Updated from 9:23 a.m. EST
rose Tuesday after the French pharmaceutical giant said a clinical trial shows its weight-loss drug Acomplia helps diabetics control blood-sugar levels.
The stock rose $1.13, or 2.6%, to close at $45.09 on trading that was four times greater than the average daily trade for the past three months.
Although Acomplia isn't available in the U.S., the drug was approved by the European Union in June. It is sold in a number of Western European markets for treating obesity and for helping overweight patients slim down.
Some analysts said the company would need more clinical-trial results to get regulatory approval for diabetes. The tests will determine effectiveness as well as safety. The drop-out rate in Tuesday's study due to side effects was 9.4% for patients receiving the drug vs. 2.1% for people receiving a placebo. The rate of "serious adverse events" was 6.5% for patients receiving Acomplia vs. 3.6% for patients taking the placebo.
Other studies are in progress. Tuesday's report is part of eight clinical trials worldwide, involving more than 22,000 patients to assess the drug's impact on diabetes and cardiovascular disease.
Acomplia, whose generic name is rimonabant, remains under review by the Food and Drug Administration
as a weight-loss treatment. The regulatory process has been slow due to FDA requests for additional data.
The FDA in February
granted conditional approval for Acomplia as a weight-management drug, but neither the agency nor the company has commented on the conditions. Sanofi-Aventis executives have been saying since late February that the FDA would act by year end.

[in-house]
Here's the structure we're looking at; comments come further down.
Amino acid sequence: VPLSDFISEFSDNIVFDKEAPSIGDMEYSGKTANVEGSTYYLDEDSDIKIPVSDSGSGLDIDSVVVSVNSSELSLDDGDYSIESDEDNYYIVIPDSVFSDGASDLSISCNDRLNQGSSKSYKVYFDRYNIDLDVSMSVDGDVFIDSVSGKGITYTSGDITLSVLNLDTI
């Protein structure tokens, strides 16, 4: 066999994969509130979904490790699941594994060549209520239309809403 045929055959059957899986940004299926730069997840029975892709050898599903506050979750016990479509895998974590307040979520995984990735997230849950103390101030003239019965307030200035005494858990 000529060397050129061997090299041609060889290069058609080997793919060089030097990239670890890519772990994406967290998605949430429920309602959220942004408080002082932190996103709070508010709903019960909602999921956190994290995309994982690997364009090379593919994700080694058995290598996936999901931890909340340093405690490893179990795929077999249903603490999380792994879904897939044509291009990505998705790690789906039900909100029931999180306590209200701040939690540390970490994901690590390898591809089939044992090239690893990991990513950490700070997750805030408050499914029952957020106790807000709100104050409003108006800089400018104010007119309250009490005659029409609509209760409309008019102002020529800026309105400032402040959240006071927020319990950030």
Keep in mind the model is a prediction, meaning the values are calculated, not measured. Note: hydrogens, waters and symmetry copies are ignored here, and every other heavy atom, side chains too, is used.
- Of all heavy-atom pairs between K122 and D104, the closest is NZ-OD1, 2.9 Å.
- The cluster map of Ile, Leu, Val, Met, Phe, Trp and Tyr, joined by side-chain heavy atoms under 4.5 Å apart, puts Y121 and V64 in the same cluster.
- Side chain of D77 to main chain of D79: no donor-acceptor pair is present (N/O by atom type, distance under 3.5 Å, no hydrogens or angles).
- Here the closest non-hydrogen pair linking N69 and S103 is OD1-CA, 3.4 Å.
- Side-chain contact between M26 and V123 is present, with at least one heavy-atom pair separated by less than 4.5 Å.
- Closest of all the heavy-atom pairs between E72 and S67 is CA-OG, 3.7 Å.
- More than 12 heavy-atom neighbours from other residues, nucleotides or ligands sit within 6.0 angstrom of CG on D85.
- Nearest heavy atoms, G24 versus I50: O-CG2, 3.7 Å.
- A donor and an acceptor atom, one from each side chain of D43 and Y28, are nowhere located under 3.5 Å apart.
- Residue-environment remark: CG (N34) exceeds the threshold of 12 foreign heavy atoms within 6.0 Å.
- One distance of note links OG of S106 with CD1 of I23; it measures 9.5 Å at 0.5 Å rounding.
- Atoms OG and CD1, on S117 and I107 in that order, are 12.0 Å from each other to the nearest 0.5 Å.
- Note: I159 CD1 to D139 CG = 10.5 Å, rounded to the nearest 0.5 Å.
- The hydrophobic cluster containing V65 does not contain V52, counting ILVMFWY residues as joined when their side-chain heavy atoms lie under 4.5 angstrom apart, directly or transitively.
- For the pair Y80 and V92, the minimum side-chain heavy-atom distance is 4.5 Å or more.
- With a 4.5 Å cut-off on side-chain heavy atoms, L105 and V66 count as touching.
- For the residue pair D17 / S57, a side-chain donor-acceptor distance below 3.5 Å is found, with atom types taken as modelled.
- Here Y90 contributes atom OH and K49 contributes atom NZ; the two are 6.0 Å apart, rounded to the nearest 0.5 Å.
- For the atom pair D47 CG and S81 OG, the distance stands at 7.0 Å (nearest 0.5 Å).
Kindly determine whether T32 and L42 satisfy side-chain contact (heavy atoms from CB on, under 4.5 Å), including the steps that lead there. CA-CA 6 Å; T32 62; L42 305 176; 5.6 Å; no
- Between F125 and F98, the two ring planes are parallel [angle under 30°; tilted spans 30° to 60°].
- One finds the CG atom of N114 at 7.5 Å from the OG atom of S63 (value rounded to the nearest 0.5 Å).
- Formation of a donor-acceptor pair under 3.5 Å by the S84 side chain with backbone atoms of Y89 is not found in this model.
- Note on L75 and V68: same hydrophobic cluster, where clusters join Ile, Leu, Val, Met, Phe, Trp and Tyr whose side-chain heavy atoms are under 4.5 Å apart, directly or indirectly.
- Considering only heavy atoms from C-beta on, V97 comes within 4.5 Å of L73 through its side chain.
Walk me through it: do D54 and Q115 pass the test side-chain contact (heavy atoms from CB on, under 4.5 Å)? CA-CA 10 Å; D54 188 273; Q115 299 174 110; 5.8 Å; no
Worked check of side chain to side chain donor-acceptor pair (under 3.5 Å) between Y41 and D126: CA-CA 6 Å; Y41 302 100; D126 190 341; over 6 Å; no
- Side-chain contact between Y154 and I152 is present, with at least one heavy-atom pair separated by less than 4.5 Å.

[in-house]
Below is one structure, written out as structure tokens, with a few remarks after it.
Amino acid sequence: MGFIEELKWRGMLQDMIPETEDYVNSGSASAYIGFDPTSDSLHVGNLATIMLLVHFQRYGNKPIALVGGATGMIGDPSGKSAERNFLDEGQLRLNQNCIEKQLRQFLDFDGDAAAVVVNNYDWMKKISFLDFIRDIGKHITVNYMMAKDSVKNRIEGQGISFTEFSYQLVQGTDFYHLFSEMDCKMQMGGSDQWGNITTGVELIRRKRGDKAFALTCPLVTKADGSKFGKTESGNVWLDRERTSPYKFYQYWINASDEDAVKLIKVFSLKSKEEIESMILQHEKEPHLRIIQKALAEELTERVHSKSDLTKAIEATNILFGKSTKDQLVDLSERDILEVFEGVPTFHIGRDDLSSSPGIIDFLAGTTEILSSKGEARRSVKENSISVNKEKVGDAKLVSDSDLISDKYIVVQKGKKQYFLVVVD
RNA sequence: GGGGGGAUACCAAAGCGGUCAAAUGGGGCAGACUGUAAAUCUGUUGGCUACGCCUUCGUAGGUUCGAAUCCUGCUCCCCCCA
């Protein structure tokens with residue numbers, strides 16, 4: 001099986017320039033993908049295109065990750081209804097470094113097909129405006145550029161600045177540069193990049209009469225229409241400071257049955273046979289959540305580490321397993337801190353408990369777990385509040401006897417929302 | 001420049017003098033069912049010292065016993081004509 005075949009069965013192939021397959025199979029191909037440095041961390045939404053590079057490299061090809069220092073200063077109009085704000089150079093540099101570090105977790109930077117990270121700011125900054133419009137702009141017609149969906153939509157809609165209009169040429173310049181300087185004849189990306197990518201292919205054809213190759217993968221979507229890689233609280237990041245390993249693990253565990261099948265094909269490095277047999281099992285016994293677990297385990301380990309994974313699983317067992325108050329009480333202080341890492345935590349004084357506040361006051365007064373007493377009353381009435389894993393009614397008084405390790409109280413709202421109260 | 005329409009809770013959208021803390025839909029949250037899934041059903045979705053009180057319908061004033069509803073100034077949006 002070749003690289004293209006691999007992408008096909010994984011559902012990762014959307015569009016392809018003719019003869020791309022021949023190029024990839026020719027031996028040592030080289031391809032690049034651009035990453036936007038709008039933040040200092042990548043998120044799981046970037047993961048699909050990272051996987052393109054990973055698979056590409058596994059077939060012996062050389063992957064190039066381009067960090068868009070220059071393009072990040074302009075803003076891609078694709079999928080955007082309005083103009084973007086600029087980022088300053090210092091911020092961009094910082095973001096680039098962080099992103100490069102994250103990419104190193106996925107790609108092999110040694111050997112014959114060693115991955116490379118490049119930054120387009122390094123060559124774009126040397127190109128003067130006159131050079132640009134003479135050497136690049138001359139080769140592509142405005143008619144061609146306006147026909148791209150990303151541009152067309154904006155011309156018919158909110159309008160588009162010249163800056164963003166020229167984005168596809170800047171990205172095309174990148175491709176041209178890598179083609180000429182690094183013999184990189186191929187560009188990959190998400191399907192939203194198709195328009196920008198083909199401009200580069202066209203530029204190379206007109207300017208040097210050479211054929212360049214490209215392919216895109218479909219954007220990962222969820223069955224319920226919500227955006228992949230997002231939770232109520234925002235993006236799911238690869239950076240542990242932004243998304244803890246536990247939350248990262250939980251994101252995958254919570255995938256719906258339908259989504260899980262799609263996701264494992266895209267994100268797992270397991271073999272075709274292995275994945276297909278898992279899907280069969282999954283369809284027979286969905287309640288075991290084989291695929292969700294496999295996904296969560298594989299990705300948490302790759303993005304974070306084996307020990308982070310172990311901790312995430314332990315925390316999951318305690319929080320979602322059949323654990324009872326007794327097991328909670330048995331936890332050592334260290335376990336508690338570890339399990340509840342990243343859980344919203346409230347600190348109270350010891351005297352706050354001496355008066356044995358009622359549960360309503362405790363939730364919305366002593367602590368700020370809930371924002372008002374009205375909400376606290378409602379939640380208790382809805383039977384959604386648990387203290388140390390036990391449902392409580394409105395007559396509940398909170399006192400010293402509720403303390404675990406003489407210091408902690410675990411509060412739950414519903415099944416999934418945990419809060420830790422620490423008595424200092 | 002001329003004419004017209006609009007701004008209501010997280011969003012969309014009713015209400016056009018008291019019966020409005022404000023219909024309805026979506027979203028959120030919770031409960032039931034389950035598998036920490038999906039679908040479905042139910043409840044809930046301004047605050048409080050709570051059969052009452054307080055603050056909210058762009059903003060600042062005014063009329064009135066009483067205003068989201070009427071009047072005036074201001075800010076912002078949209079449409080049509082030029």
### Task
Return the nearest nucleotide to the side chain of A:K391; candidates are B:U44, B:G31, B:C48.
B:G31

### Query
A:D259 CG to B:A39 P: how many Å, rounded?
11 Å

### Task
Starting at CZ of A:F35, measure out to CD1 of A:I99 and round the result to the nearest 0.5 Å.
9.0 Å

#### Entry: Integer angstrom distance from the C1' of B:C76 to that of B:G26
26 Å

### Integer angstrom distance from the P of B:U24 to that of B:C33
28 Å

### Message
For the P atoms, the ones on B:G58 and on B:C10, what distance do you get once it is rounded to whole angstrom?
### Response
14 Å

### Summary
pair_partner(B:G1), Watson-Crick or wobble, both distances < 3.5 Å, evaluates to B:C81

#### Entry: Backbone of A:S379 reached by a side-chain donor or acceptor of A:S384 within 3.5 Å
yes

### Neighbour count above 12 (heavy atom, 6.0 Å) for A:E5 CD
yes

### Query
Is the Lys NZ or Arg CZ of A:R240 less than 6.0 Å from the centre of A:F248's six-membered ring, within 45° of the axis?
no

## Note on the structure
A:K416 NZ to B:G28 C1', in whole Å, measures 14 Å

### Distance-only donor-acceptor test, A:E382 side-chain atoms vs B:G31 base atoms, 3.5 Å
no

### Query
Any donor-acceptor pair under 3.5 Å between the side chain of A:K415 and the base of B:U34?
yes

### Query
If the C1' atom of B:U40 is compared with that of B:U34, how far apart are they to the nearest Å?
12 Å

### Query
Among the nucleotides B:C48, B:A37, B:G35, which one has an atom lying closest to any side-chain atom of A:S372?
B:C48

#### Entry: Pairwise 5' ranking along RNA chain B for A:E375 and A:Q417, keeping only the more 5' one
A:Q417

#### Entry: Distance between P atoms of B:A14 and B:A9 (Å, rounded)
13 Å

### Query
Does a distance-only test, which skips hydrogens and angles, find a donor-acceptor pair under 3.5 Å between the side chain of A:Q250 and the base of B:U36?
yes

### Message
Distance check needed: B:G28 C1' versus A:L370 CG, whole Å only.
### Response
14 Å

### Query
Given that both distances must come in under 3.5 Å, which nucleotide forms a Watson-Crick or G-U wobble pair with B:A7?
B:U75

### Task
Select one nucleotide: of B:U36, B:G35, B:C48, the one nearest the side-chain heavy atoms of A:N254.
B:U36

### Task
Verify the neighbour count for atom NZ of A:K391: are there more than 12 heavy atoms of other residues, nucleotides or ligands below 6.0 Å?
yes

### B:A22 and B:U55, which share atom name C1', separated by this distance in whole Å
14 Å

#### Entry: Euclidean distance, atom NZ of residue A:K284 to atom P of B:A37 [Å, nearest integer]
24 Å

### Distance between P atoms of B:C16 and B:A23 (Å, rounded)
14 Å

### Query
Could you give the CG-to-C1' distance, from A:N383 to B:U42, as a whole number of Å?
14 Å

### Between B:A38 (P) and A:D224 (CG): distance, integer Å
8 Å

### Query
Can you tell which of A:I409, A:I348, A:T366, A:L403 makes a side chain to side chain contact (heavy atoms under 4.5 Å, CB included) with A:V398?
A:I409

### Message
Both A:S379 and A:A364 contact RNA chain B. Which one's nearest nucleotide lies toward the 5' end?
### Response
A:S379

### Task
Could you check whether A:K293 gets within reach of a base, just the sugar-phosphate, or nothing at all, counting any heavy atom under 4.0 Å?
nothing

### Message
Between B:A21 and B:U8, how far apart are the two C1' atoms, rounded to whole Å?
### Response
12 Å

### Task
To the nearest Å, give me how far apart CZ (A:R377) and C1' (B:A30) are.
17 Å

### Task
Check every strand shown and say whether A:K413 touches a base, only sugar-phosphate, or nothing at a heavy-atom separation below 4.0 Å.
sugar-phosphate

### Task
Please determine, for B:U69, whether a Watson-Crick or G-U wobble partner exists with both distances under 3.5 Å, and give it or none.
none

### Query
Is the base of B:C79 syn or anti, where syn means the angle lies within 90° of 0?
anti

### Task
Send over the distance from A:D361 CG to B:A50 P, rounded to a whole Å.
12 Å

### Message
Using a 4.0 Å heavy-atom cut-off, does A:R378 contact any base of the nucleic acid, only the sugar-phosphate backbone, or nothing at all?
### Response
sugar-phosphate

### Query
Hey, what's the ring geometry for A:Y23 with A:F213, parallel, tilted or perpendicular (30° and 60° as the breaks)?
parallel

The agency also rejected an application for Acomplia as a stop-smoking treatment. If Sanofi-Aventis wishes to pursue this use, it must conduct another clinical trial.
Sanofi-Aventis said Tuesday that diabetics who hadn't received other blood-sugar control medications did well with its drug vs. patients who received a placebo. The company-sponsored study was presented at a world diabetes conference in Cape Town, South Africa.
"This study suggests that rimonabant can achieve improvement in blood glucose with the added benefit of significant weight loss and improvement in other risk factors," said Dr. Julio Rosenstock, a clinical-trial investigator, in a company press release. Rosenstock is clinical professor of medicine at the University of Texas Southwestern Medical School in Dallas.
"We believe further data will be needed for Acomplia to get a diabetes indication," says Michael Leuchten, of UBS Securities, in a Tuesday report to clients. Leuchten, who has a neutral rating, doesn't own shares. His firm has had an investment-banking relationship within the last three years.
Leuchten adds that the higher rate of "depressed mood" in Acomplia patients vs. placebo-takers -- 5.8% vs. 0.7% -- will be "unhelpful for the company's discussions with the FDA." Other major side effects included nausea, a tingling sensation of the skin, dizziness, upper respiratory tract infection and anxiety.
The clinical trial, nicknamed Serenade, tested 278 patients at 56 medical centers in the U.S. and six other countries. The patients had Type 2 diabetes, in which the body doesn't produce enough insulin -- the protein hormone that helps convert sugar into energy -- or the body's cells don't adequately process insulin. Type 2 diabetes is the most common form of the disease; Type 1 diabetics cannot produce insulin naturally and must receive insulin injections.
People who received Acomplia had statistically significant reductions in blood sugar levels vs. people who received a placebo, according to the study, which tested people for six months. The company said more than half of the rimonabant patients achieved blood-sugar levels below the target set by the American Diabetes Association. These patients lost an average of 14.8 pounds while the placebo patients lost an average of 6 pounds.